Sibella Proctor, Ann Martin and Charlotte Richardson, three of the first pupils in January 1789, all lived in Courts. To wit: Black Swan Court, Wild Court and Flower de luce Court. Of these, only one still exists – Wild Court –immediately behind the Library and Museum of Freemasonry and United Grand Lodge.
A map of 1750 sort of shows Wild Court, on the edge of one map and the next, showing that the propensity for the places you want being right on the fold of gazetteers is not a new phenomenon!
Fifty years later and the court is a little clearer
Wild Court ran off Great Wild St with Little Wild St (now renamed Keeley St) running parallel. In 1781, a sermon was preached in Little Wild St.
Dr Samuel Stennett, a dissenting Baptist preacher, ministered to the Little Wild Street church. The map below, although somewhat later in date, shows the Baptist chapel.
His sermon was made on a day which had been declared a public fast. Unfortunately ‘references to public fasts are relatively scarce in public records’ (Religion and the American Civil War: Miller, Stout & Wilson, 1998) and the same must apply to UK as not a trace can be found to explain why February 21 1781 was a public fast day. For those with plenty of food it perhaps had more impact. For the less well-off, for whom a fair few days might involve fasting, the impact was less great.
Whether Charlotte Richardson’s family witnessed the sermon or participated in the fasting is unknown. Charlotte herself was not yet born, arriving in the world in April 1781. She was baptised at St Sepulchre’s in June 1781 which is certainly not the nearest church to Wild Court. Perhaps the family did not at that time live there but we will never know.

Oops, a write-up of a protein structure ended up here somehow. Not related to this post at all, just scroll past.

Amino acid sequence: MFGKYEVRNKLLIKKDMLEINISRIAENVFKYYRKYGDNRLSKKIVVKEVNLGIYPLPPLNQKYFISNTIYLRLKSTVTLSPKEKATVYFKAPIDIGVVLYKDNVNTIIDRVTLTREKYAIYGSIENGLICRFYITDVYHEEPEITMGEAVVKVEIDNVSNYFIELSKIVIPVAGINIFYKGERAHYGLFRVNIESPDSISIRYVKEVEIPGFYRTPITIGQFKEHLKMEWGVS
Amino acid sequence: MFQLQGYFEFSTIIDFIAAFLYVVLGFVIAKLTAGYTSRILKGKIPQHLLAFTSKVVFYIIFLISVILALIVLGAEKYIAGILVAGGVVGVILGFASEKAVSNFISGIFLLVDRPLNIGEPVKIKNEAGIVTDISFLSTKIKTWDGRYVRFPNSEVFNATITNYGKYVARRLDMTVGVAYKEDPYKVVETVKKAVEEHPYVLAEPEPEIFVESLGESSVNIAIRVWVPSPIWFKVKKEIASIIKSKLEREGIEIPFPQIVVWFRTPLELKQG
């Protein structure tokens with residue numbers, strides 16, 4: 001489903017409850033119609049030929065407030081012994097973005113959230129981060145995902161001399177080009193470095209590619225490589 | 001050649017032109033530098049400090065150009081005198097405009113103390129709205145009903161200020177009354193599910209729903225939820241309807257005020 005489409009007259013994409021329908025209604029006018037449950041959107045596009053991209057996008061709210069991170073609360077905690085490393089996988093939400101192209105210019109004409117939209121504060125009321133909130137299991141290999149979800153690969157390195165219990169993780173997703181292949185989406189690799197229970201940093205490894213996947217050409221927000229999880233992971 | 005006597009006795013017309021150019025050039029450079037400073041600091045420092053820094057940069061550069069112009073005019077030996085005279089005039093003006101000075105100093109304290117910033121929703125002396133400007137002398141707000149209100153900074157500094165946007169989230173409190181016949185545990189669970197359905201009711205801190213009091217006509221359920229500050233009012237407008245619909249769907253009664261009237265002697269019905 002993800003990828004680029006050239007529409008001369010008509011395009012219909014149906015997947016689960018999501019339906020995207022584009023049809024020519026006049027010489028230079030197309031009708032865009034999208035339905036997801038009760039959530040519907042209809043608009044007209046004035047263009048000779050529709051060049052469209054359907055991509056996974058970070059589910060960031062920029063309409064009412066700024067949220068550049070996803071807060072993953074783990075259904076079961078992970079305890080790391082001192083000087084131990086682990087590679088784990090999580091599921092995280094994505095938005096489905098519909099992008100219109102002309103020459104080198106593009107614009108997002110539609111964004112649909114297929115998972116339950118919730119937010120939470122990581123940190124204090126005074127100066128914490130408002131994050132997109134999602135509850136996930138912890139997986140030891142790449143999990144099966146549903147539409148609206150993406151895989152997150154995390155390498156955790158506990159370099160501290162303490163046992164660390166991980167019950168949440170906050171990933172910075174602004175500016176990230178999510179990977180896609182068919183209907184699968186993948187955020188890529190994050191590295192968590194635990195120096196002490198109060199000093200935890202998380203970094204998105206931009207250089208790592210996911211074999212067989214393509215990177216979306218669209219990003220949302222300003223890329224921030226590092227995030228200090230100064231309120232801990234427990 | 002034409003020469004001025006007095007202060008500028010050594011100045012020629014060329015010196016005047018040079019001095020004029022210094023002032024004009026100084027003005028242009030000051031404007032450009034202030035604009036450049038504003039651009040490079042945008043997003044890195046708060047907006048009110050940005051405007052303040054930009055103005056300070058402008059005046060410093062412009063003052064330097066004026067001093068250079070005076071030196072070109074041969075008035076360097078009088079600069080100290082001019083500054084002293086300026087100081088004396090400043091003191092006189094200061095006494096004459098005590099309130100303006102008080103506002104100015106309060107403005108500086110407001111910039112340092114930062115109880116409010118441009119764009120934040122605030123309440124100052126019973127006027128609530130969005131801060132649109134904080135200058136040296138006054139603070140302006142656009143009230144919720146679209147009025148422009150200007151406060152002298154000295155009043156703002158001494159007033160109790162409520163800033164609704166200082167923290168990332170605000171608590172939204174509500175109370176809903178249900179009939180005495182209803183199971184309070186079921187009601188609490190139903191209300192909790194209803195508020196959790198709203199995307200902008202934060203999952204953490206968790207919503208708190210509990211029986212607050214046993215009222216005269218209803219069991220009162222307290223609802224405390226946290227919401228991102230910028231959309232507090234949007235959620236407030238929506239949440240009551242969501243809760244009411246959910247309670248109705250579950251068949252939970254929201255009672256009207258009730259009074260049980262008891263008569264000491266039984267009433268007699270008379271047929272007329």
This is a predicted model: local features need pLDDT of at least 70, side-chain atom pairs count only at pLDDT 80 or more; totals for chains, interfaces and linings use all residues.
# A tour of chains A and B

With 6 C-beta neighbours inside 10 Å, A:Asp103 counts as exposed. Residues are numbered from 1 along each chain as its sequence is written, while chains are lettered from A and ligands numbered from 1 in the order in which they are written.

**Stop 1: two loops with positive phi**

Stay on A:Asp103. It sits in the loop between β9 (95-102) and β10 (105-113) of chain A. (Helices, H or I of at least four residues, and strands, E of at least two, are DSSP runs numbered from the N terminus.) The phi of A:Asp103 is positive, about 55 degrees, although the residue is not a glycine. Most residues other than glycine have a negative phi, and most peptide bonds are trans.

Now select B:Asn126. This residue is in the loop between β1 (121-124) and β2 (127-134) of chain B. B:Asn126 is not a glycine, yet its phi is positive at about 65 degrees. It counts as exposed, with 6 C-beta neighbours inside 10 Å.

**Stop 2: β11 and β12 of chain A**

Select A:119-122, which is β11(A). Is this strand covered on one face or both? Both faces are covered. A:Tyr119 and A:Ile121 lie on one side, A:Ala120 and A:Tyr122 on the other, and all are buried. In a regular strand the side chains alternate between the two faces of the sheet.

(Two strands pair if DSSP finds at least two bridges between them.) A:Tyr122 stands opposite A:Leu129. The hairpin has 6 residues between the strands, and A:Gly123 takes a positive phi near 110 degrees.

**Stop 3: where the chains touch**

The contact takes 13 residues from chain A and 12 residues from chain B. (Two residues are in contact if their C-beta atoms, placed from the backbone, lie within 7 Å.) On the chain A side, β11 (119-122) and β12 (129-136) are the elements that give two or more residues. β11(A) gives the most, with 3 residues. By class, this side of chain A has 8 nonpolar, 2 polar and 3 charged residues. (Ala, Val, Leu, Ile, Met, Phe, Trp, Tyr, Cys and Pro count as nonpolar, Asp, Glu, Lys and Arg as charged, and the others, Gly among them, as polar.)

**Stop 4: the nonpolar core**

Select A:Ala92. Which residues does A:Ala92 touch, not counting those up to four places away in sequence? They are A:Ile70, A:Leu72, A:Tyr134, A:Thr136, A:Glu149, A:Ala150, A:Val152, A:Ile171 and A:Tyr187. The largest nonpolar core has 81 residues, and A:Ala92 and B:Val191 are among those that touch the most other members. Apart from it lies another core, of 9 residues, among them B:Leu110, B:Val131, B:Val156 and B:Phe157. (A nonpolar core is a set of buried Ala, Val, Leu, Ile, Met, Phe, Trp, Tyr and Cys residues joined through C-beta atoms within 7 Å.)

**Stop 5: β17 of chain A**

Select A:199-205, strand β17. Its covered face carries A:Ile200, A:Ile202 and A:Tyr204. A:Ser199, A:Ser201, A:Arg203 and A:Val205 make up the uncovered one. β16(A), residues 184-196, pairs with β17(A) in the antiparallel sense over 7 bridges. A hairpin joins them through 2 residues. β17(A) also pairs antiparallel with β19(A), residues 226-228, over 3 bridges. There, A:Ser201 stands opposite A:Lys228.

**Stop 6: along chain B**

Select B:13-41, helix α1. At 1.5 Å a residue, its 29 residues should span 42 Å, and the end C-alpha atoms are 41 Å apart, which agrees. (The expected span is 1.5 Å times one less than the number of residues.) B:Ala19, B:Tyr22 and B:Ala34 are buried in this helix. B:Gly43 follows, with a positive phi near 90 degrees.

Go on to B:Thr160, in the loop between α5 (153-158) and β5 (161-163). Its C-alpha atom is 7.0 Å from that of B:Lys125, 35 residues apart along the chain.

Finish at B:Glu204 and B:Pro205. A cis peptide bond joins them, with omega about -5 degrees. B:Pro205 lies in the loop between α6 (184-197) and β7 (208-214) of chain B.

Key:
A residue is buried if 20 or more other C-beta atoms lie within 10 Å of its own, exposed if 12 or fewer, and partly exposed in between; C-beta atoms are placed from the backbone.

The map of 1889 from Charles Booth, Life and Labour of the People in London marks Wild Court as being an area of ‘Intermittent or casual earnings’. Although this is a century later perhaps the beginnings of these are evidenced in the entry in a Minute Book of 1788 which states that Charlotte’s father ‘was … formerly in good Circumstances but now much distressed’.
The school records tell us that, having arrived at the School in January 1789, in February 1789 Charlotte’s name again appears in the Minute Book.
The Matron being then called in and examined reporting Charlotte Richardson (one of the Children) who had been taken away by her Parents when she informed the Committee that her Father had been very troublesome and had insulted and abused her and afterwards the Mother came had took her Daughter away and notwithstanding the Child declared she was perfectly satisfied.
Charlotte’s place was taken by Charlotte Hatton. Curiously, despite Charlotte Richardson’s parents being instructed to remove their daughter, her benefits withdrawn, the Book of Governors, published in 1818, records that she had been returned to her parents ‘in consequence of an alteration in circumstances’. As this was almost 30 years later, the edges of memory may well have been softened.